New Bern is known for some successful inventions and progressive events. In New Bern the Pepsi Cola was invented in 1898. It was originally called “Brad’s Drink” after the inventor, Caleb Bradham, a farmacist. The first postal service in he colony began here in town, and the first motion picture theatre to be built in the state from the ground up was built in New Bern. The first modern Naval mine sweeper was lauched here in 1942, and the first torpedo put to practical use was invented in town. New Bern was the first city in the United States to celebrate George Washington’s birthday.
New Bern remains a progressive city with some 40,000 inhabitants, but much relating to her history can still be seen. Tryon Palace Historic Sites and Gardens can take a visitor back two hundred years. The John Wright Stanly and Dixon-Stevenson exhibition houses further illuminate the early history of the city. The New Bern Academy Museum, New Bern Fireman’s Museum, Attmore-Oliver House and the Birthplace of Pepsi Cola all help to illustrate the life style of times past. The historic sites and old homes, large and small, along the waterfront, make it easy to understand New Bern’s motto: “Our charm is historic”.
Living in New Bern
Pilots from Europe come to New Bern with excitement. What do they have to expect here? Mostly it is the first time for them to be in the United States, or at least at the East coast. Shortly after the arrival all of them became easily established with the assistance and guidance of the Tradewind team and the Swiss management. Typically the initial worry about the new environment, the new people to meet, and the new life is replaced by a positive and encouraging feeling. This has been always very rewarding for Tradewind, and we enjoy a friendship even after the departure. We use to say: customers and pilots are coming, and friends are leaving!
HISTORY OF COASTAL CAROLINA REGIONAL AIRPORT
PORTRAIT OF AN AIRPORT
When, in an attempt to preserve the history of Coastal Carolina Regional Airport (formerly – until mid August 2008 – known as Craven Regional Airport), a plaque was dedicated to the memory of two men whose names are now forever immortalized, Dr. Joseph Patterson finally realized a dream come true—the result of his and his family’s efforts to save for posterity a fascinating bit of New Bern memorabilia.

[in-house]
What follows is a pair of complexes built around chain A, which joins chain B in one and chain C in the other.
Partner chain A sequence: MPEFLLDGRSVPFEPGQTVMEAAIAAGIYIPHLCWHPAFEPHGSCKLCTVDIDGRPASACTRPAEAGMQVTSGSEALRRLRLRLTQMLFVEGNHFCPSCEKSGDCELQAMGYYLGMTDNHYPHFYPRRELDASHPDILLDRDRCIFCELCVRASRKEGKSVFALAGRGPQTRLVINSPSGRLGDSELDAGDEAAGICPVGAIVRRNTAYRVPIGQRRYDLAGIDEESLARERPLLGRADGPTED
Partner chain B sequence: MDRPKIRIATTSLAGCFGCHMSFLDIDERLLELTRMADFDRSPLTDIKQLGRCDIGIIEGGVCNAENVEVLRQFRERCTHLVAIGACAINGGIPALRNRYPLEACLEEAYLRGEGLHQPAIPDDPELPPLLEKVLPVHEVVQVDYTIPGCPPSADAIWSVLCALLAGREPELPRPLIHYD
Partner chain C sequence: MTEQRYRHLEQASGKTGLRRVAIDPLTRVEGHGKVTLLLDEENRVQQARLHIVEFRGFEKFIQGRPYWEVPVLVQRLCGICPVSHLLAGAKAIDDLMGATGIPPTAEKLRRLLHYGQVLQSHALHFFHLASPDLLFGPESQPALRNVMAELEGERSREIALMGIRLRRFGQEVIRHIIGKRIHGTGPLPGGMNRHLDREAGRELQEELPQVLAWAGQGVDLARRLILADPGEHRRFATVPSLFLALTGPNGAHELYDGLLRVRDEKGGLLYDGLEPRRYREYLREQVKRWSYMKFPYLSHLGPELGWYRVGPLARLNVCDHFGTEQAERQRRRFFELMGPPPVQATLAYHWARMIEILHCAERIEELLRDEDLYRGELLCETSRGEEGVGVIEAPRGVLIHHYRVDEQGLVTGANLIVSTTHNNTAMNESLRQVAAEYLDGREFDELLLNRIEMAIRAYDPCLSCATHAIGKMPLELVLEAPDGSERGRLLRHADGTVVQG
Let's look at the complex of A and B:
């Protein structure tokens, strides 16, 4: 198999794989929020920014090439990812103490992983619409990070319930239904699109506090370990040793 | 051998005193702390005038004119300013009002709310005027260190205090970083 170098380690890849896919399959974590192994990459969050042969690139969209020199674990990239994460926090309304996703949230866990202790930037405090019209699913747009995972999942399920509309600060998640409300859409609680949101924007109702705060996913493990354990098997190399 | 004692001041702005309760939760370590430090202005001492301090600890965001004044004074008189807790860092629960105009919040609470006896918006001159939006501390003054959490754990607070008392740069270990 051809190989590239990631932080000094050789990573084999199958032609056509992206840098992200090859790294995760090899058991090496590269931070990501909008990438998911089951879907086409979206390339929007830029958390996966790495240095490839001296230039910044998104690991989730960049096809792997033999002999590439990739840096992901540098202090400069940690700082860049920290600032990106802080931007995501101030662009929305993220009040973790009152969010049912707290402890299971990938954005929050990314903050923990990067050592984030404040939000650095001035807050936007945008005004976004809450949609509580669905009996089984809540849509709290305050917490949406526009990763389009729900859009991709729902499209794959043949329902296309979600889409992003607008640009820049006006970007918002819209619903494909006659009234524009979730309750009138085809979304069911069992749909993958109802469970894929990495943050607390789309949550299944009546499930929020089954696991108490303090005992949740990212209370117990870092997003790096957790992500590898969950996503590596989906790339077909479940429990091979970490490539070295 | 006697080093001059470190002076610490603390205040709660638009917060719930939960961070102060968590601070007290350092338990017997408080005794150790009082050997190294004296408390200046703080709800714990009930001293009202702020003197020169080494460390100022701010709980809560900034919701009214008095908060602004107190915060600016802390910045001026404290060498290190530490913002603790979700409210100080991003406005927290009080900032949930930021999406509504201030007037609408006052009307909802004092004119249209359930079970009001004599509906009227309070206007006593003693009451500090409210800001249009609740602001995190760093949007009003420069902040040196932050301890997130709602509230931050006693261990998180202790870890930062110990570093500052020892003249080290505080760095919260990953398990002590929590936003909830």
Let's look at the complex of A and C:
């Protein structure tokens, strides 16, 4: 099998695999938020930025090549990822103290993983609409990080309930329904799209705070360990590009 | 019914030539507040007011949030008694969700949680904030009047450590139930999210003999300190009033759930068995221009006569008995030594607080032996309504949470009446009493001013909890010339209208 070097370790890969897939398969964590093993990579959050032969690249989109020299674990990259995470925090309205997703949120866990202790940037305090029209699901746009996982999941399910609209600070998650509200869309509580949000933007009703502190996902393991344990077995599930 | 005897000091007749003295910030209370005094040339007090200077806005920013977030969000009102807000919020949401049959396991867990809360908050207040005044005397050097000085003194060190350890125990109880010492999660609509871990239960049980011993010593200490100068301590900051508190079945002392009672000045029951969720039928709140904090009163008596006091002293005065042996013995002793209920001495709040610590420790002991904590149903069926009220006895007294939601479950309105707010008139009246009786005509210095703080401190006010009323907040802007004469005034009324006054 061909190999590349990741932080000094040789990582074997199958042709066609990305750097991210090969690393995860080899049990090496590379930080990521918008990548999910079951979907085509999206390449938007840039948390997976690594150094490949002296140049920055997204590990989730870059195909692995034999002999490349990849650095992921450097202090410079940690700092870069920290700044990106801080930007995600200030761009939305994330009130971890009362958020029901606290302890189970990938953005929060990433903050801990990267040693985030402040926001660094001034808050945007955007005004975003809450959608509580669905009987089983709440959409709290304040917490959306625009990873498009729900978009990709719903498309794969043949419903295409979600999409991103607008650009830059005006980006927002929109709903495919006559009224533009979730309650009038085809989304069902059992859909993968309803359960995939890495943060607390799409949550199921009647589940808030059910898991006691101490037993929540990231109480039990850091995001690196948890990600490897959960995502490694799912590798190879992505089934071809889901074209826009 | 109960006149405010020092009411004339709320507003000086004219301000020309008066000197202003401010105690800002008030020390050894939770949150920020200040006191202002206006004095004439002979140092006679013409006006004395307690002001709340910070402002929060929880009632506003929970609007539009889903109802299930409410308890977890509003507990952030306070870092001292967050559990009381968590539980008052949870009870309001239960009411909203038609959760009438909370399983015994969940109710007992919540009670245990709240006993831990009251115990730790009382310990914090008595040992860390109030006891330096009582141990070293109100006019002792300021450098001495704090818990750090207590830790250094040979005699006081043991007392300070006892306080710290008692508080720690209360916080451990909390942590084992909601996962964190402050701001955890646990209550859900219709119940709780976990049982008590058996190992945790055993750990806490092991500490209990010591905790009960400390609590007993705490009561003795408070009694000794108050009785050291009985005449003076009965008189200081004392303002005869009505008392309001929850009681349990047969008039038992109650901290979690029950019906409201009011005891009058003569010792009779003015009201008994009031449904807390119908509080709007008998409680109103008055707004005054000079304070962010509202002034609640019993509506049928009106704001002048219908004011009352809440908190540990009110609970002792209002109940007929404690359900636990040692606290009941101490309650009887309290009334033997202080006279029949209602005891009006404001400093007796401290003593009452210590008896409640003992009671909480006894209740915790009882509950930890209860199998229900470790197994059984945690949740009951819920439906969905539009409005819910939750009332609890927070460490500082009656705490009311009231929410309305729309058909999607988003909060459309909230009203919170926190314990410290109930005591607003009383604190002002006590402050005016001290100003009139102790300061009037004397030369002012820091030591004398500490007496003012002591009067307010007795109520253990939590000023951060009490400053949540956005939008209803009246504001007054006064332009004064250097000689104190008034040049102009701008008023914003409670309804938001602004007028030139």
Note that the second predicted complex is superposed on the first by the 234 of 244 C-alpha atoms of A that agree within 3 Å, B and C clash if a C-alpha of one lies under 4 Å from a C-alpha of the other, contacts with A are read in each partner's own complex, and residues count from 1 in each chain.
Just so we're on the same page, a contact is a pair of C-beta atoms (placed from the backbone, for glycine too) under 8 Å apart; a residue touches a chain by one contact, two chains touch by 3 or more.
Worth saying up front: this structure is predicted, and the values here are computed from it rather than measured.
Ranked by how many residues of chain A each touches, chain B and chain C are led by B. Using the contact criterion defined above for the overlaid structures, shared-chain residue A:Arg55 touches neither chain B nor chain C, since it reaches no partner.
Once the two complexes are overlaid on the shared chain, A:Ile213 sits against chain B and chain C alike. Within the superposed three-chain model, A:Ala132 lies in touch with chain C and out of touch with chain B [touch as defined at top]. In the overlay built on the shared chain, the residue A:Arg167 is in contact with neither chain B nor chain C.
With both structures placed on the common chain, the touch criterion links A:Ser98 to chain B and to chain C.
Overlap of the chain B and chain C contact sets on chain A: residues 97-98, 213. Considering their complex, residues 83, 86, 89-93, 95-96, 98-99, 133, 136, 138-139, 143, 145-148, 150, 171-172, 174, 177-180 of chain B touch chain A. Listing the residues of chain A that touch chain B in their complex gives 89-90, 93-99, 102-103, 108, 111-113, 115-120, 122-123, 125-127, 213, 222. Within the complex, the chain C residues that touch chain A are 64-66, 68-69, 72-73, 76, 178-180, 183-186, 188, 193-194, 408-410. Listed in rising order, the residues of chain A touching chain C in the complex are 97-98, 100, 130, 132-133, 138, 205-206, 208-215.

The year was 1931; the day, Saturday, November 21. New Bern had a new municipal airport, and it was to be dedicated that day to Senator Furnifold M. Simmons. Senator Simmons was Dr. Patterson’s grandfather.
Furnifold Simmons was born in 1854 in Jones County where, according to some residents, he could, in the inmost recesses of his memory, recall the sounds of the Battle of New Bern. He was graduated from Trinity College, now Duke University, and moved to New Bern seeking a more profitable law practice. As a politician he had entreated black voters, promising that he would “represent them better than either of his opponents”, if elected. He was, in fact, the first white Democrat to campaign in James City. At that time the Democratic Party was near death. Simmons was responsible for its “rise from the ashes of reconstruction”. Known as the “boss” of the “Simmons Machine”, he was said to “pick governors, congressmen and even sheriffs”, according to “Tar Heels”, a book by Jonathan Daniels. Because he guided the Democratic Party so successfully to victory during the brutal politics of the late 1890’s, he received the endorsement of Governor Aycock in seeking the office of U.S. Senator. The governor described the politician as “a strong, able, aggressive, upright and sincere man, who has done and is capable of doing the state great and valuable service”. Thus began a Senate career that would become the longest in North Carolina history, spanning five terms (1901-1931).